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News

Unencrypted Data Tape Leads To Large Scale Data Loss

Origin Storage : 18 April, 2011  (Technical Article)
The recent Irish insurance company loss of customer data from a data tape illustrates the necessity for encrypted storage and the ease with which such losses can be prevented
Unencrypted Data Tape Leads To Large Scale Data Loss

Reports that Phoenix Ireland - formerly known as Scottish Provident Ireland - has apparently lost a tape containing the personal details of around 50,000 customers is another good reason for encrypting data, says Andy Cordial, managing director of Origin Storage, the secure storage specialist.


"Actually it's 50,000 reasons, as each one of the people whose details have been lost will be a customer, or someone who has requested a quote from the insurance firm. And if they ever get to find out what has happened - which is quite likely as the news of this data loss gets out to a wider audience - they will not be well disposed towards the company," he said.


"Even if only 10 per cent of customers hear about the potential data loss and decide to take their business elsewhere, and assuming each customer's business is worth 200 euro, that still a million euro-worth of lost business that could result from this incident," he added.


According to Cordial, whose company supplies a wide range of encrypted and multi-layered protection hard drives plus allied storage solutions, the data loss appears to stem from a tape that was ordered but never arrived, suggesting that the insurer may be looking at a smaller-scale rerun of the infamous HMRC data disk loss that hit the headlines in November 2007.


In that incident, which involved the potential loss of millions of child benefit claimant's data, questions were asked why the data was not protected with suitable encryption.


And, says the Origin Storage MD, you have to start to ask the same question with regard to this tape loss, as here we are - approaching four and a half years down the data security turnpike - and no lessons appear to have been learned by IT professionals.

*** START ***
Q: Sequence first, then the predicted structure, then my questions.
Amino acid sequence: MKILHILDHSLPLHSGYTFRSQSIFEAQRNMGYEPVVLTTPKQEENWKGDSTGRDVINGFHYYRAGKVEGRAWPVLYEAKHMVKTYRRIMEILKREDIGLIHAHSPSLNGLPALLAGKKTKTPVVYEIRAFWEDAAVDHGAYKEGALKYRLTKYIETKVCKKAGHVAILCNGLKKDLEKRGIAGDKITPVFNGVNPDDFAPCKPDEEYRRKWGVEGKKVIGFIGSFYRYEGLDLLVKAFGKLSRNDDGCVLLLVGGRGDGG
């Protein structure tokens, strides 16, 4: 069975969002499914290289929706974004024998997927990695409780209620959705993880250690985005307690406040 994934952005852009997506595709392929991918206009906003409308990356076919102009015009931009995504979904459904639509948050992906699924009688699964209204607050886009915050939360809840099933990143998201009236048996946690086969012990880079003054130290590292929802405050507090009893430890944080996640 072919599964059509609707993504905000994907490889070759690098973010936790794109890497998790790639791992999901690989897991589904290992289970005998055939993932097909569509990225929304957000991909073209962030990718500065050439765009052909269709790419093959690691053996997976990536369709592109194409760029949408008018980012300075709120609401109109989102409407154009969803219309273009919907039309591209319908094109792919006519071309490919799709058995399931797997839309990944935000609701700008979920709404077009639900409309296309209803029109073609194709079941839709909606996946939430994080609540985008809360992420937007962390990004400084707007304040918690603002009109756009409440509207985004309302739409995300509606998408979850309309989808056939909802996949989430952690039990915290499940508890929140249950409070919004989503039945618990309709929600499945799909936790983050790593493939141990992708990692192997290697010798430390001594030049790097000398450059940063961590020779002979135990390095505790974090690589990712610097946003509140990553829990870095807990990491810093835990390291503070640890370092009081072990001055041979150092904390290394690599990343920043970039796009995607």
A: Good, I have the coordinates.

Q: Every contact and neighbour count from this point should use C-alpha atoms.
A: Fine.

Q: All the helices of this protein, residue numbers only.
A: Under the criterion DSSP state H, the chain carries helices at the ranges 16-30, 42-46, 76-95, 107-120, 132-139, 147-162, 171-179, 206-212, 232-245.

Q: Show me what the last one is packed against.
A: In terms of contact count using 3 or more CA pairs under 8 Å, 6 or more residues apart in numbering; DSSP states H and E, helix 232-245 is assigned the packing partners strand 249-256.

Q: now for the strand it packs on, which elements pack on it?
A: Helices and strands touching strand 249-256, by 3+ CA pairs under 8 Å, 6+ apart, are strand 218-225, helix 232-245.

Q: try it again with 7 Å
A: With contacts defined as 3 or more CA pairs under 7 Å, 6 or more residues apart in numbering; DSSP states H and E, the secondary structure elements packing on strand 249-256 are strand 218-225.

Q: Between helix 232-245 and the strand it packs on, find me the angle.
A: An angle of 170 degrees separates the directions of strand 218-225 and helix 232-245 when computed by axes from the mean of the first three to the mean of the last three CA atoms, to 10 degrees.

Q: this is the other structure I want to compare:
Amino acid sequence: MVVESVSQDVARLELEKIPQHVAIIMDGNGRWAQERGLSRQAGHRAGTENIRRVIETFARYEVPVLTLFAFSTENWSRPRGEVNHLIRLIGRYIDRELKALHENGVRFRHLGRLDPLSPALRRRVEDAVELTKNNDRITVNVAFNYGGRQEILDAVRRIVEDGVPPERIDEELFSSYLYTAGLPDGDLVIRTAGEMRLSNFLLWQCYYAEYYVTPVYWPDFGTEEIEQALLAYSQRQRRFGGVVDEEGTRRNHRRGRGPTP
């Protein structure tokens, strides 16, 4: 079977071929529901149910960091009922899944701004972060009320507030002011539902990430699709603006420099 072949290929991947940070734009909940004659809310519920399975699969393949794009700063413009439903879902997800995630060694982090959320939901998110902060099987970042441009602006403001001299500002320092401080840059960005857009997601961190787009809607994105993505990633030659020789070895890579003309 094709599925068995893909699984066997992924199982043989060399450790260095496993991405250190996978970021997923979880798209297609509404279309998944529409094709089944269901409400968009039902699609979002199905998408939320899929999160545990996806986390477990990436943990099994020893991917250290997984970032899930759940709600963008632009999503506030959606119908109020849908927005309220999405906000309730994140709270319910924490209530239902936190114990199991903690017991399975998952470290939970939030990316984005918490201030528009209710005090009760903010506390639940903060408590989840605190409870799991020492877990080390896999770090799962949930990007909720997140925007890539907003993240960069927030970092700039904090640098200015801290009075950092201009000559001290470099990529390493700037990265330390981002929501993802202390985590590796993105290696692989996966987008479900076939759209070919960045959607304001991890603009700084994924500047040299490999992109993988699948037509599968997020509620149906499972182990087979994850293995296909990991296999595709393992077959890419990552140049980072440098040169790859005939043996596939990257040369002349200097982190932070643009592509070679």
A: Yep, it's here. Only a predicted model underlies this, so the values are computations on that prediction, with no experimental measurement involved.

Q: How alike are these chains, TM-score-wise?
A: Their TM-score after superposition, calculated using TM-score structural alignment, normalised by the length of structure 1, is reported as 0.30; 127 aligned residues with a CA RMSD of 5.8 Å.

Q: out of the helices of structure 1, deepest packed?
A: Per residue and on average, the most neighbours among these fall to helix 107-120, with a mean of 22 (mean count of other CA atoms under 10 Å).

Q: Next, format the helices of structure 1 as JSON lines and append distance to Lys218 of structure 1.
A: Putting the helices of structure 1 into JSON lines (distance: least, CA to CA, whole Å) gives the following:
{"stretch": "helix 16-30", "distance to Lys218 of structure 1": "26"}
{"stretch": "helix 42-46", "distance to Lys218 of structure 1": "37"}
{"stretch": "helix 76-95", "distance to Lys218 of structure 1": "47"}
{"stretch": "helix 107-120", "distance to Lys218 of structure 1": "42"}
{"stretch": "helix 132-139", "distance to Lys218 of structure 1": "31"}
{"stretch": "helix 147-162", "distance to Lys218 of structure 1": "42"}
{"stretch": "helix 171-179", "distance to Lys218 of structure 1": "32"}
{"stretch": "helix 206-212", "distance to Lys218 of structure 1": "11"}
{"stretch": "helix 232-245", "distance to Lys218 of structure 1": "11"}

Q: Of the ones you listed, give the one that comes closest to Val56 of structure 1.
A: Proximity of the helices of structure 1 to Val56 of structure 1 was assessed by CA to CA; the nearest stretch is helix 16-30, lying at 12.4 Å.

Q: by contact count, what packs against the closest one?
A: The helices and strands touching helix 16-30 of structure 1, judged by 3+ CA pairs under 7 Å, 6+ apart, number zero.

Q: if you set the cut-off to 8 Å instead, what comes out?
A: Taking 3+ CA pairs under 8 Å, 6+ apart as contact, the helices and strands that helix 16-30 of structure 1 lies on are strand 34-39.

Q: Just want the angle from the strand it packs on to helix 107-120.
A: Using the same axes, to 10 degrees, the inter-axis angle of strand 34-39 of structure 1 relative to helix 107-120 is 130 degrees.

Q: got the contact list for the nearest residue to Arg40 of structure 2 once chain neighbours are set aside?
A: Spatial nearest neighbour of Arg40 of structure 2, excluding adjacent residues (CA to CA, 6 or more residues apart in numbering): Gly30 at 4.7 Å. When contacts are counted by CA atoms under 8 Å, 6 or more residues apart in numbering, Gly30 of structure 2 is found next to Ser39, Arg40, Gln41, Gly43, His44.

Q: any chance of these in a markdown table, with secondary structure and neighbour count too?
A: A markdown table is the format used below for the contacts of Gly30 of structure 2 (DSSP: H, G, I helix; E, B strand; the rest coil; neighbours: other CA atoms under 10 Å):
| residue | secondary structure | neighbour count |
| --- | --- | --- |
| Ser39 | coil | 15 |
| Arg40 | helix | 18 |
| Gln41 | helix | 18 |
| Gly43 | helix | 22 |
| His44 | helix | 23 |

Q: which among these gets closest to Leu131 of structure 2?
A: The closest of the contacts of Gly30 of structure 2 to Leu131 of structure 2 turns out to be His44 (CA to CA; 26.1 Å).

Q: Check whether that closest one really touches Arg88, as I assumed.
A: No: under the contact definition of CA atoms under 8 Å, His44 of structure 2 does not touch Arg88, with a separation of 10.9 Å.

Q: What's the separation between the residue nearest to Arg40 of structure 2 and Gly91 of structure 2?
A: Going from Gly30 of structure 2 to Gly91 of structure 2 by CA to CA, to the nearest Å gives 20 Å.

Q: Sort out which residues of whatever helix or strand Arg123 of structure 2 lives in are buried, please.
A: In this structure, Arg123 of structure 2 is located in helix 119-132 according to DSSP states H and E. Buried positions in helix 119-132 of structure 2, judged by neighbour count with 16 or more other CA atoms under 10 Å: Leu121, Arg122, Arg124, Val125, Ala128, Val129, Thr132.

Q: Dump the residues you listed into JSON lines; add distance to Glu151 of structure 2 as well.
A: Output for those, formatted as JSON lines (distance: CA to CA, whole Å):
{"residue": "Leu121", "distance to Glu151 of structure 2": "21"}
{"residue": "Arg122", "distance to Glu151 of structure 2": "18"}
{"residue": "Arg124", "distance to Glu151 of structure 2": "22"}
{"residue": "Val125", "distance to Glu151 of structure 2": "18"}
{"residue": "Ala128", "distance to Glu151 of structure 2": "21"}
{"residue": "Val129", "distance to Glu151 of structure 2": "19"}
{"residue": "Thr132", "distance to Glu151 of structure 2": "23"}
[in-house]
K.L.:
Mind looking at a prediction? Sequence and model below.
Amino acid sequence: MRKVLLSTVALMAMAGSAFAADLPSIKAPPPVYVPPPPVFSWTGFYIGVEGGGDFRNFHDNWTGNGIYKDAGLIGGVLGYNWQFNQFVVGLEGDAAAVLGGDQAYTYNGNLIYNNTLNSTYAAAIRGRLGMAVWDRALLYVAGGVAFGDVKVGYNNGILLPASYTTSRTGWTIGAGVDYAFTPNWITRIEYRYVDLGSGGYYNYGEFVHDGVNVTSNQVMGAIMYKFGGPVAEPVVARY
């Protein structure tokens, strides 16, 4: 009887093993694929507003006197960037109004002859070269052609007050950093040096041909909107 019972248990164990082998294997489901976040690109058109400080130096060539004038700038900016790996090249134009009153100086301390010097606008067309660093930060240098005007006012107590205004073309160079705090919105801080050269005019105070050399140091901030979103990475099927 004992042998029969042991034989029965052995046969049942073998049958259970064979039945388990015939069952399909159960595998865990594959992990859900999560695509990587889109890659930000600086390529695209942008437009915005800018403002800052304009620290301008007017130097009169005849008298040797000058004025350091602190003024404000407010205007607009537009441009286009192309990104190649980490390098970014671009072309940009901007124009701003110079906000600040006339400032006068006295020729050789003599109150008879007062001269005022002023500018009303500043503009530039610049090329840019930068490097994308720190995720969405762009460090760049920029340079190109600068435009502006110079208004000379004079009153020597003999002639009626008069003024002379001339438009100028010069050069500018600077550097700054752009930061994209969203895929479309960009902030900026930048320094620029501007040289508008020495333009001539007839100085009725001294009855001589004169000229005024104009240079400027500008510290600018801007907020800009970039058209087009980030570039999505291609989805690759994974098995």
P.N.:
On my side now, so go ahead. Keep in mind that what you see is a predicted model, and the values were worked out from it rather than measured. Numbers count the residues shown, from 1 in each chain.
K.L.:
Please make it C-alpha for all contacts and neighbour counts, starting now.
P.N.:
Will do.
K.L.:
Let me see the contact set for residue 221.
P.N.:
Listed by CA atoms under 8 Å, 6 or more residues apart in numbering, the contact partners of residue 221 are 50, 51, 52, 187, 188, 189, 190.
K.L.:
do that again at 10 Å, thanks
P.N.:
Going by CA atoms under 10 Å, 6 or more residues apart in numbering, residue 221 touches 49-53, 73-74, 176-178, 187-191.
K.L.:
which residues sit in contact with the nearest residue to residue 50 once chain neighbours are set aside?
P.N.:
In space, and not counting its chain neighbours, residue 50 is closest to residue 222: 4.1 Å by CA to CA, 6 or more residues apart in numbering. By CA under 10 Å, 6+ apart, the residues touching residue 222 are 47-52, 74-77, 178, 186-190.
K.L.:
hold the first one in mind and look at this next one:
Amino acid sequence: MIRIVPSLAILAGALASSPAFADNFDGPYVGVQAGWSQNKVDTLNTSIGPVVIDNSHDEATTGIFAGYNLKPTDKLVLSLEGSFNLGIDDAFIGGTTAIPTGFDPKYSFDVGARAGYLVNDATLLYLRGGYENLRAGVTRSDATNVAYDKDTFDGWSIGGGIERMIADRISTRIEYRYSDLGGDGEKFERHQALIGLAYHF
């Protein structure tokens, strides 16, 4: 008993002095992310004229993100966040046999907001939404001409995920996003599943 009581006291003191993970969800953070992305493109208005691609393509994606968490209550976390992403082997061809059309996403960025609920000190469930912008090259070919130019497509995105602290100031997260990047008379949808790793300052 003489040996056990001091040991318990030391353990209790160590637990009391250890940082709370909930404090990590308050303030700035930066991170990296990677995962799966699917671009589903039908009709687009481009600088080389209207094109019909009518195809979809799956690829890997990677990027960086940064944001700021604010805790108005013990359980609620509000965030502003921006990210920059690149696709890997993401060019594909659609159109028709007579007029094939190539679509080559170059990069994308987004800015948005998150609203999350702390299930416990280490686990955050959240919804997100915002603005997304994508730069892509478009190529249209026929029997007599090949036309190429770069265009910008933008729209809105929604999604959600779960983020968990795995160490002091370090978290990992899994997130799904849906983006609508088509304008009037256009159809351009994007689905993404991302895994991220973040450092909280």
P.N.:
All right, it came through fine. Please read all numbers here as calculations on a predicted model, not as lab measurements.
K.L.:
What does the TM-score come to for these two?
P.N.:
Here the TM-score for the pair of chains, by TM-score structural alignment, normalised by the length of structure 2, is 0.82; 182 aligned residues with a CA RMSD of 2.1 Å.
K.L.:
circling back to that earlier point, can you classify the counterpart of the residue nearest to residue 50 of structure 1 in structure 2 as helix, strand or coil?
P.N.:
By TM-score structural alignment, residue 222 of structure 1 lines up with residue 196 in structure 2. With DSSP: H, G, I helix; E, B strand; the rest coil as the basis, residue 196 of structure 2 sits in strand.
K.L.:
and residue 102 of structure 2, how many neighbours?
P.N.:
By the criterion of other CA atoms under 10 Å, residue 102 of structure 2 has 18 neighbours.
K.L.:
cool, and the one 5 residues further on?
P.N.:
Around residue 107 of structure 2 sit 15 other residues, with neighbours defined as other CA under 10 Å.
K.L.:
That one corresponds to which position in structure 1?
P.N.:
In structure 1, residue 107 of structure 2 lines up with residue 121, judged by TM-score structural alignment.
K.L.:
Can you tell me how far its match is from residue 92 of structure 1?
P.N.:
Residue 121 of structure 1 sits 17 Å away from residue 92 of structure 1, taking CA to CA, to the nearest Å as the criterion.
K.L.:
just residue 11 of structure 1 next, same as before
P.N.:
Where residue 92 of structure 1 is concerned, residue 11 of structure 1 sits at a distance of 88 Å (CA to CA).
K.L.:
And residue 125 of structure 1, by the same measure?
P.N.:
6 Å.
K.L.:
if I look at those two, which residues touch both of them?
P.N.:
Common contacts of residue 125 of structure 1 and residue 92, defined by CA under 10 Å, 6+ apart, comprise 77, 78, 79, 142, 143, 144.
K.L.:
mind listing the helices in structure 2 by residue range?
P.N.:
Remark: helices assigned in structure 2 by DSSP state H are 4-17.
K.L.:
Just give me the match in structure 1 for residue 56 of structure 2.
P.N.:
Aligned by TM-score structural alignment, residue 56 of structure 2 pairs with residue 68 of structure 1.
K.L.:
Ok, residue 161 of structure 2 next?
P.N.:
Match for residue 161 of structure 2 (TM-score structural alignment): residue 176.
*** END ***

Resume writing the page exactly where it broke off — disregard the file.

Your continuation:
The simple fact of the matter, Cordial explained, is that easy-to-use encryption solutions exist today that can support on-the-fly encryption and decryption within the storage device itself, meaning that if a tape is then removed, the data it holds is fully protected.


In this case, he said, whilst the full facts of the tape loss have yet to be revealed, it seems that around 1,000 customers are located in the UK, and that the data lost includes client's name, address and bank account details.


"This is perfect identity theft material, and can be allied with criminally-obtained data to provide fraudsters with enough ammunition to start defrauding people. The fact that the company claims that only an experienced IT specialist could access this data is laughable," he said.


"Ask any tape storage systems sales person - maybe even one of our staff here at Origin Storage - how to access the data on the tape, and s/he would soon come up with the goods. And if our sales guys and girls can do this, the cybercriminals out there almost certainly can as well," he added.


"This is a large-scale data breach that, given Ireland's population, probably ranks as one of the largest in the Republic's history. The case will cost the company money in several ways, not least when the Irish and UK data protection authorities get more involved."

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